this city, the gateway to the Camargue, and the site where the great
Roman theatre once stood. Most of it is gone now, but the site still
offers productions near the two standing windows made of ancient
columns during the Arles Festival.

 

Here, too,
you’ll find the Espace Van Gogh, where the master was treated when it
was still a hospital. Even his home can be seen nearby. But, be sure to
visit Les Alyscamps, the tree-lined avenue and ancient burial site like
the Elysian Fields. Now neglected somewhat, it was the subject of
paintings by masters like Gauguin and Van Gogh. It is mentioned in
Dante’s Inferno. A visit to the once imperial Constantine Palace will
show you famous, well-preserved baths dating back to the 4th century.
Finally, I suggest you visit Eglise St-Trophime with its portal of
carved saints. This is a Romanesque church with Gothic and Romanesque
cloisters.

 

Entertainment is widely available in
Arles, where you can walk on narrow streets or wide avenues and enjoy a
large selection of good restaurants.  See the wonderful Musée
Reattu, near the palace and baths. I have a soft spot for the works of
sculptor Ossip Zadkine. Look for his reclining Grande Odalisque and
Picasso’s sketches.

 

Walk down to the water,
where boats glide up and down the peaceful Rhône and men play pétanque
(boules) under the shade trees just beyond the ancient wall.

 

South
of the Arles, we enter La Camargue. This is a delta of the Rhône that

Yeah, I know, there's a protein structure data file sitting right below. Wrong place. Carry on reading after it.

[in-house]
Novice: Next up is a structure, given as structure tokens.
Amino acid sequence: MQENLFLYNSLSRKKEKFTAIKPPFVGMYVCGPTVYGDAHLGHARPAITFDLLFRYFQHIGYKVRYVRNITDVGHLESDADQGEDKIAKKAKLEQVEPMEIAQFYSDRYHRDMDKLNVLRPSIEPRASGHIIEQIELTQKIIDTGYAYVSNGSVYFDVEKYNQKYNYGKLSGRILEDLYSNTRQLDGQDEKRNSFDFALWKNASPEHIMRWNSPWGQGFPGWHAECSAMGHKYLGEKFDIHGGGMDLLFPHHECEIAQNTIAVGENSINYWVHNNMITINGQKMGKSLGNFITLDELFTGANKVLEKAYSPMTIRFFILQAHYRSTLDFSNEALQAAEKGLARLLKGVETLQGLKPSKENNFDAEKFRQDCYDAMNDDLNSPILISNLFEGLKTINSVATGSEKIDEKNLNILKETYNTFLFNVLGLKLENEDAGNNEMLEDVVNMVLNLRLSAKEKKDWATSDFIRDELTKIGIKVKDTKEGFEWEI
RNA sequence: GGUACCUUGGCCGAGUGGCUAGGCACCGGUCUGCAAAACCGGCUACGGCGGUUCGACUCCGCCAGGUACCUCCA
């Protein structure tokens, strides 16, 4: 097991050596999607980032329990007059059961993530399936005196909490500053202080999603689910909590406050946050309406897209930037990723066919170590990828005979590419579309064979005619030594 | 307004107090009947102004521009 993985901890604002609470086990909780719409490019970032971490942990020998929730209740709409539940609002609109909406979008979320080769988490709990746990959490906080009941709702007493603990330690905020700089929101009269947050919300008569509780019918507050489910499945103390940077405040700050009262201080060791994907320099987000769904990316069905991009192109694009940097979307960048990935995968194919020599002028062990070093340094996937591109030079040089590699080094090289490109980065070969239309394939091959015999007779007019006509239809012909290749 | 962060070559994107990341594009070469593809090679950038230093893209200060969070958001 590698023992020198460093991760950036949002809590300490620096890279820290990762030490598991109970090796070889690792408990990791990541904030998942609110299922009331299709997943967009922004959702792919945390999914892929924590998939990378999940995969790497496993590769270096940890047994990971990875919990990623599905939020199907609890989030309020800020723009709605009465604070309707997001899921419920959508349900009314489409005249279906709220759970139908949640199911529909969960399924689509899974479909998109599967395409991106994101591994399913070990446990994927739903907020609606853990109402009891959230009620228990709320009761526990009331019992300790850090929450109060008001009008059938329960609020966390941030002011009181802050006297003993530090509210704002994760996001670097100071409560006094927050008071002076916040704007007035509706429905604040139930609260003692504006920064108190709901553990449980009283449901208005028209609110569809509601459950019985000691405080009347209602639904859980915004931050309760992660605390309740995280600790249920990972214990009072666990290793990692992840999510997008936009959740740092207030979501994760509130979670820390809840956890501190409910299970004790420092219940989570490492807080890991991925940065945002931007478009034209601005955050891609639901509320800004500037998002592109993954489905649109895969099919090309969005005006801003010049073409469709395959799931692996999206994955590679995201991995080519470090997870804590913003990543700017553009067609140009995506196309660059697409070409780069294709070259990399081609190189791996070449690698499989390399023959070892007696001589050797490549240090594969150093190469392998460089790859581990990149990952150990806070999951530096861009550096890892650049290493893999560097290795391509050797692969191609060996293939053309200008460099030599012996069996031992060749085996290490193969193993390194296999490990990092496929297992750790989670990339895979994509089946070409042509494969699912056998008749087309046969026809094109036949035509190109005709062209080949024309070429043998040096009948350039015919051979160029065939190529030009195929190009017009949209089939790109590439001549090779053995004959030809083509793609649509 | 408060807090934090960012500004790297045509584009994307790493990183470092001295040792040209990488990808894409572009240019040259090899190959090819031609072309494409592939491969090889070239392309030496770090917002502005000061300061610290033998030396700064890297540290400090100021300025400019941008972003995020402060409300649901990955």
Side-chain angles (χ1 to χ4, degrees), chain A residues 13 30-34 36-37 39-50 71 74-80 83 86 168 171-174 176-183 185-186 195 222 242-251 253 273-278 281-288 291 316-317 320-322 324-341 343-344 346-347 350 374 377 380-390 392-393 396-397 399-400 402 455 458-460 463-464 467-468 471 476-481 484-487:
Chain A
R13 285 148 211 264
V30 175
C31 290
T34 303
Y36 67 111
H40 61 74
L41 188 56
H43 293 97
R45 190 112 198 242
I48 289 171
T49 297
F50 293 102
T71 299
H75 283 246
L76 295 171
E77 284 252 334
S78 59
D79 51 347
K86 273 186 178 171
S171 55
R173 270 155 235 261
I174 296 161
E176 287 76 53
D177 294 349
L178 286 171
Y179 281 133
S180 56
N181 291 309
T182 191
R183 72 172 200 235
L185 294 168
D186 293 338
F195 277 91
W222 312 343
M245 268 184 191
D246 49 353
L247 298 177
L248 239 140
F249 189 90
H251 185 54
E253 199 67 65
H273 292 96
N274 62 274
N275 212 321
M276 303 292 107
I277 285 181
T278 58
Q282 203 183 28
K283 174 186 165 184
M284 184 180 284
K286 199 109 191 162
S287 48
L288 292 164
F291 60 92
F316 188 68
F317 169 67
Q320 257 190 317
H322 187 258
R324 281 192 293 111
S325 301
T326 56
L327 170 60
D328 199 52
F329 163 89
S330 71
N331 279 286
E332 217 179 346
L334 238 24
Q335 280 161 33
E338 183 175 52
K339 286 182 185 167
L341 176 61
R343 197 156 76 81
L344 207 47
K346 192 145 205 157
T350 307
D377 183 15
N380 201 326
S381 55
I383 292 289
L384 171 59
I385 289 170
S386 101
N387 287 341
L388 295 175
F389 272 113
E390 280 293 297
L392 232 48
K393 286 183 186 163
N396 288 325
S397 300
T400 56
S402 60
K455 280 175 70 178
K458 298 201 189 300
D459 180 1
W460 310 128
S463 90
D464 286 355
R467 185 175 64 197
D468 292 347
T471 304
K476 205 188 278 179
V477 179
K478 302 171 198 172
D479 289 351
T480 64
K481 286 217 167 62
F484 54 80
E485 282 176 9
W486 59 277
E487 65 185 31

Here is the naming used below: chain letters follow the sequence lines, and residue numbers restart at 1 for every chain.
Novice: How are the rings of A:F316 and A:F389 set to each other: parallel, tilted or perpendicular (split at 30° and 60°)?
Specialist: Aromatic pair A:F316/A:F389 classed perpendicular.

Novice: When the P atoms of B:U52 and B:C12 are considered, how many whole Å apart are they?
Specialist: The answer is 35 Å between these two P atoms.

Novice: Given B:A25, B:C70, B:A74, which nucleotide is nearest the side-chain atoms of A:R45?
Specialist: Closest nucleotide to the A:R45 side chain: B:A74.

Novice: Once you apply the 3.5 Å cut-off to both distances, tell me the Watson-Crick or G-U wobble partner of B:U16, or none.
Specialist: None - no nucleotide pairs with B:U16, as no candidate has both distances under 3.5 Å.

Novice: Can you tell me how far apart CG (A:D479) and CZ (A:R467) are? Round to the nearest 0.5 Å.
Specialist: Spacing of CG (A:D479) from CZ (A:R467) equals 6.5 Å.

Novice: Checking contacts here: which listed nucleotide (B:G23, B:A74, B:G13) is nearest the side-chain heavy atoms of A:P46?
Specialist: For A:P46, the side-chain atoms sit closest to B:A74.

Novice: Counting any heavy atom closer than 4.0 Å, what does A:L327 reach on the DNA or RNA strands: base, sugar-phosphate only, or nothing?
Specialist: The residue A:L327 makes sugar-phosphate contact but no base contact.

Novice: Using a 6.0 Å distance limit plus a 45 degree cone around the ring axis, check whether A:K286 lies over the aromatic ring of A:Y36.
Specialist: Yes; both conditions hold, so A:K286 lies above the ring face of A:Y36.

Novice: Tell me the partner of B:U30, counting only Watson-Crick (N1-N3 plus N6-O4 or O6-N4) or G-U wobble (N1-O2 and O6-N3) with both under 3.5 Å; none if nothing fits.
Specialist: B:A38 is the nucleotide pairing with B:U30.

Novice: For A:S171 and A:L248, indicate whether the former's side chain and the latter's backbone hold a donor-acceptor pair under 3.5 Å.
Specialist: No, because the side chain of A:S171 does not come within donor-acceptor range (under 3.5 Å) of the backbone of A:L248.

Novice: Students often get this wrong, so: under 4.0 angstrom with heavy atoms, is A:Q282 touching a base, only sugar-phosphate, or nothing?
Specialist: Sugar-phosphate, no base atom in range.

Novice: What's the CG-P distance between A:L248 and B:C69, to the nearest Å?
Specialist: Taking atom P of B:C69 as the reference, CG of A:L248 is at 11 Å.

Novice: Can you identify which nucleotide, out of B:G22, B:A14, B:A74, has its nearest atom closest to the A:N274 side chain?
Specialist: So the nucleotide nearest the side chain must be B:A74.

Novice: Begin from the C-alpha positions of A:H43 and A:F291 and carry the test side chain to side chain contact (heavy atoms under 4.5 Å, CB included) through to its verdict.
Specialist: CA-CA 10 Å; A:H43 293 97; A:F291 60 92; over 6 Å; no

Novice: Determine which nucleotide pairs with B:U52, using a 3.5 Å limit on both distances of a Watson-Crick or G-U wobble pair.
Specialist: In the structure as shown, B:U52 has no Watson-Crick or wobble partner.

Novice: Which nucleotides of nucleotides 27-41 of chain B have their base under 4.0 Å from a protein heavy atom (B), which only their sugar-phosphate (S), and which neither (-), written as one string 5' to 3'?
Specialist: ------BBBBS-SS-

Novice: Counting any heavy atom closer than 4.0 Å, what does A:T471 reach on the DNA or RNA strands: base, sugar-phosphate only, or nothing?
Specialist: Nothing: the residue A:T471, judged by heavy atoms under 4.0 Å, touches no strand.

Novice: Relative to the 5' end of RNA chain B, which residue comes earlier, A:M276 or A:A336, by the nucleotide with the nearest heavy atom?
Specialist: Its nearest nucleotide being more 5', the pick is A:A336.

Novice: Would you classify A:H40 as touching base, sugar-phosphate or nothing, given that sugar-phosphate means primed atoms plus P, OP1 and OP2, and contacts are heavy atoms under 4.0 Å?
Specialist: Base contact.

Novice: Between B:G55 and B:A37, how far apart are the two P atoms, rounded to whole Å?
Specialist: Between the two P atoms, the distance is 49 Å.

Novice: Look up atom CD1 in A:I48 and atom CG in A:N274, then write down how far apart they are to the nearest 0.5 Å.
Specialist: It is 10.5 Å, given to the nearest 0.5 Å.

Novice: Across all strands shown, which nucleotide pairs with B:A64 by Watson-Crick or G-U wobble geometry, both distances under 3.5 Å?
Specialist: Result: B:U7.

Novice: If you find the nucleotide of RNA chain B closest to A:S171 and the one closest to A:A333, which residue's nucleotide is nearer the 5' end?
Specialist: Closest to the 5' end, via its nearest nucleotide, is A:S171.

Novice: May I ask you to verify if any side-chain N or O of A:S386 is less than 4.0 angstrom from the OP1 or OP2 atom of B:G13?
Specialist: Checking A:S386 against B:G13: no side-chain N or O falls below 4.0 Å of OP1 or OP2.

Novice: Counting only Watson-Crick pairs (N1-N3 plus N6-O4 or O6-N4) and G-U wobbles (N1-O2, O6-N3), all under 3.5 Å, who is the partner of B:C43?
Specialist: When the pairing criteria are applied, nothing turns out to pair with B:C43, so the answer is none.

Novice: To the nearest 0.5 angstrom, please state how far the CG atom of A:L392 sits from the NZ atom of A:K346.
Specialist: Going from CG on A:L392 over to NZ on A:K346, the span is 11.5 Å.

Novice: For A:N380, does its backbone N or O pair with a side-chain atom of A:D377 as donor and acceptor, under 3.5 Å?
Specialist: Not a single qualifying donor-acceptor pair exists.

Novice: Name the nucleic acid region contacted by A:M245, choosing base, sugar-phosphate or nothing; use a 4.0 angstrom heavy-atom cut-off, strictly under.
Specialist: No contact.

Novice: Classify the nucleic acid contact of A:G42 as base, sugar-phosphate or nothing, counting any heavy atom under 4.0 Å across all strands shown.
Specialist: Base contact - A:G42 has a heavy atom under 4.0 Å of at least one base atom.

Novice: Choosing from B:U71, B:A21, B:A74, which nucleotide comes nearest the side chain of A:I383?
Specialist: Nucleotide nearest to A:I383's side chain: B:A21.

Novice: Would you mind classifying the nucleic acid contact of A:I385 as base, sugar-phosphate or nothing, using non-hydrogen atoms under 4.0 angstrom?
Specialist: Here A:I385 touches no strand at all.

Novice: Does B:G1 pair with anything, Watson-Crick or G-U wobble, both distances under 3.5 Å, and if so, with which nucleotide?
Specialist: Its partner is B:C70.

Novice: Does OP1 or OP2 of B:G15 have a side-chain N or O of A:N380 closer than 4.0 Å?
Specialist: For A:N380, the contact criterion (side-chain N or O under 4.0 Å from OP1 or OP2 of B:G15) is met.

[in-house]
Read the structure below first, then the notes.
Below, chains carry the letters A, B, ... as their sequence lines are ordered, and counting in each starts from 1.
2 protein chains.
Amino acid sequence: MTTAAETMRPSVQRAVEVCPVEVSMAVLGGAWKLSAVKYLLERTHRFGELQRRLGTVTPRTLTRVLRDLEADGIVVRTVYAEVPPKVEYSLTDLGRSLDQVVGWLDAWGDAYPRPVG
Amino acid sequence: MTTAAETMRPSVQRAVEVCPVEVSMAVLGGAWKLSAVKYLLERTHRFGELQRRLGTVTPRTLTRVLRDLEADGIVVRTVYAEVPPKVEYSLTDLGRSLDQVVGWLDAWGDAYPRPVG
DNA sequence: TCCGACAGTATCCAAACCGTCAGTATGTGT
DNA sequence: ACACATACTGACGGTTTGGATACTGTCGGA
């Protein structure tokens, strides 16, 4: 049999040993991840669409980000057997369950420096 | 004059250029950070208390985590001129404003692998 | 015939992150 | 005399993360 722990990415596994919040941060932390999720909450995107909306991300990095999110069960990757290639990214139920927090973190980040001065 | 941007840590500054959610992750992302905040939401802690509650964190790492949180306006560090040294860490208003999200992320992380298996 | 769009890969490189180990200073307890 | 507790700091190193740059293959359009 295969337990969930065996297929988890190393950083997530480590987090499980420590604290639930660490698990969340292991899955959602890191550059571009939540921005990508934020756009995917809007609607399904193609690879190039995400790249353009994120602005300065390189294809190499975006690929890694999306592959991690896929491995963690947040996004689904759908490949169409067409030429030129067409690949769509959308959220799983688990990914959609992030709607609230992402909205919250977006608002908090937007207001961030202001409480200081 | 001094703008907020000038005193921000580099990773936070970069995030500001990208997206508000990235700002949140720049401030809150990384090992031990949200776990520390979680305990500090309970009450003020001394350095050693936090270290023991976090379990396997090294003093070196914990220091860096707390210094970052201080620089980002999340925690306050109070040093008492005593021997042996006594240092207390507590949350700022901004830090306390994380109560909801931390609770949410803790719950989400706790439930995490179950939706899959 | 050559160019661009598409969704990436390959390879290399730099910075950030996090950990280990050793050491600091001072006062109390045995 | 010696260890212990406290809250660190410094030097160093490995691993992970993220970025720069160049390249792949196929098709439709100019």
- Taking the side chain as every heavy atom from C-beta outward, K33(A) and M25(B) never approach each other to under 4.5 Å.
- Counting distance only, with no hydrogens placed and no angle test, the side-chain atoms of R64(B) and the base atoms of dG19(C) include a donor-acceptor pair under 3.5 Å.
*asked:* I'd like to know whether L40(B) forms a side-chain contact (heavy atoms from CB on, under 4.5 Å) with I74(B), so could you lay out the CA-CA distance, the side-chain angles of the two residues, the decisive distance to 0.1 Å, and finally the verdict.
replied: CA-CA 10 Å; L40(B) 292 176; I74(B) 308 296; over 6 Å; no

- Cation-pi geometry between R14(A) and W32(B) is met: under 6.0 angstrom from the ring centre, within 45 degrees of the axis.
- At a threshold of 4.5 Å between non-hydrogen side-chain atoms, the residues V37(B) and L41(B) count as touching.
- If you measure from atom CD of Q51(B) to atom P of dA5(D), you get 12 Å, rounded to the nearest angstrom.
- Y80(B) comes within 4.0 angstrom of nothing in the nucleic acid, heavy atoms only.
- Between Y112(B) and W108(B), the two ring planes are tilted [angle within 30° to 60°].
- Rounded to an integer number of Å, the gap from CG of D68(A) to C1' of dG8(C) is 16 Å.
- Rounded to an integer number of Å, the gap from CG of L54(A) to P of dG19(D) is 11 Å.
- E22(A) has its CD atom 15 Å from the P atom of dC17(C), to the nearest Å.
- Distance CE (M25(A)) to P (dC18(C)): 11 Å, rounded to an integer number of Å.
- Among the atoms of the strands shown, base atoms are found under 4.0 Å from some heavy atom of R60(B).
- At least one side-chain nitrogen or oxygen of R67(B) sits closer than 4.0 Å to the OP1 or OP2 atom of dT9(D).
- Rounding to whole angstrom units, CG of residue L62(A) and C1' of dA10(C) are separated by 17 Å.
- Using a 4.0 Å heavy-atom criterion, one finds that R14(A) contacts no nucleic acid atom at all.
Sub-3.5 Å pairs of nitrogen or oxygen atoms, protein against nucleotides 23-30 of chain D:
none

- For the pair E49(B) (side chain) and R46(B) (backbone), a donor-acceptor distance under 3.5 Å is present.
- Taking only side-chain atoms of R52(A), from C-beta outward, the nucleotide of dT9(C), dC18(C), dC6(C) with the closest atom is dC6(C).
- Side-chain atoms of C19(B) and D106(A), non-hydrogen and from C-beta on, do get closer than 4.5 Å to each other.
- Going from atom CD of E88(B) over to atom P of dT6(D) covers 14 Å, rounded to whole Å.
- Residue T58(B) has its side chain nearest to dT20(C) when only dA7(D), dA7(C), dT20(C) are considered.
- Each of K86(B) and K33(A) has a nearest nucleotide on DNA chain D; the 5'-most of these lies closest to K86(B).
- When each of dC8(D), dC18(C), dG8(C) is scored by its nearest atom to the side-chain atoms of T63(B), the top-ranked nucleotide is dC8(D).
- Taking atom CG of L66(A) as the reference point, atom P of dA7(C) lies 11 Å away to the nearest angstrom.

covers about 350,000 acres. It is a unique region of wetlands, marshes,
pastures, flamingoes and sand dunes interspersed with rice paddies and
salt flats. Roaming freely are small Camargue horses, white and sturdy,
once used to thresh grain. Cowboys, or gardians, roam the area rounding
up these Arabian-type horses and black bulls used in their special type
of bull contest (not fighting) called course. The gardians once lived
in thatched white cottages. Their skills as horsemen have made them
famous. In the spring, they perform in Arles.

 

Where the road meets the sea you’ll find Stes. Maries de la Mer. This
is a colorful town, especially in spring when gypsy pilgrims come to
remember the legendary arrival in 18 A.D. of Mary Magdalene.

 

To
the west are new beach resorts, like La Grande-Motte and Le Grau du
Roi, but I prefer the historical town of Aigues-Mortes (Dead Waters)
with its dungeon tower (Tour de Constance) and limestone fortress
walls. Once a seaport, this manmade town located three miles from the
sea was the departing point for the sixth and disastrous eighth crusade
for the king (St Louis) who died of the plague near Tunis. Visit
Aigues-Mortes for its historical value. There are some good
restaurants. Ask for directions at the information office at the Porte
de la Gardette.  For the best choices of hotels, drive the short
distance into the bustling city of Montpellier.

 

Some Important Contact Information

 

Les
Baux Tourist Information
Office                 
(+ 33) (0)4 90 54 34 39

 

Tarascon/Beaucaire
Information                       
(+ 33) (0)4 90 91 03 52

 

Arles
Tourist Information
                                
(+ 33) (0)4 90 18 41 20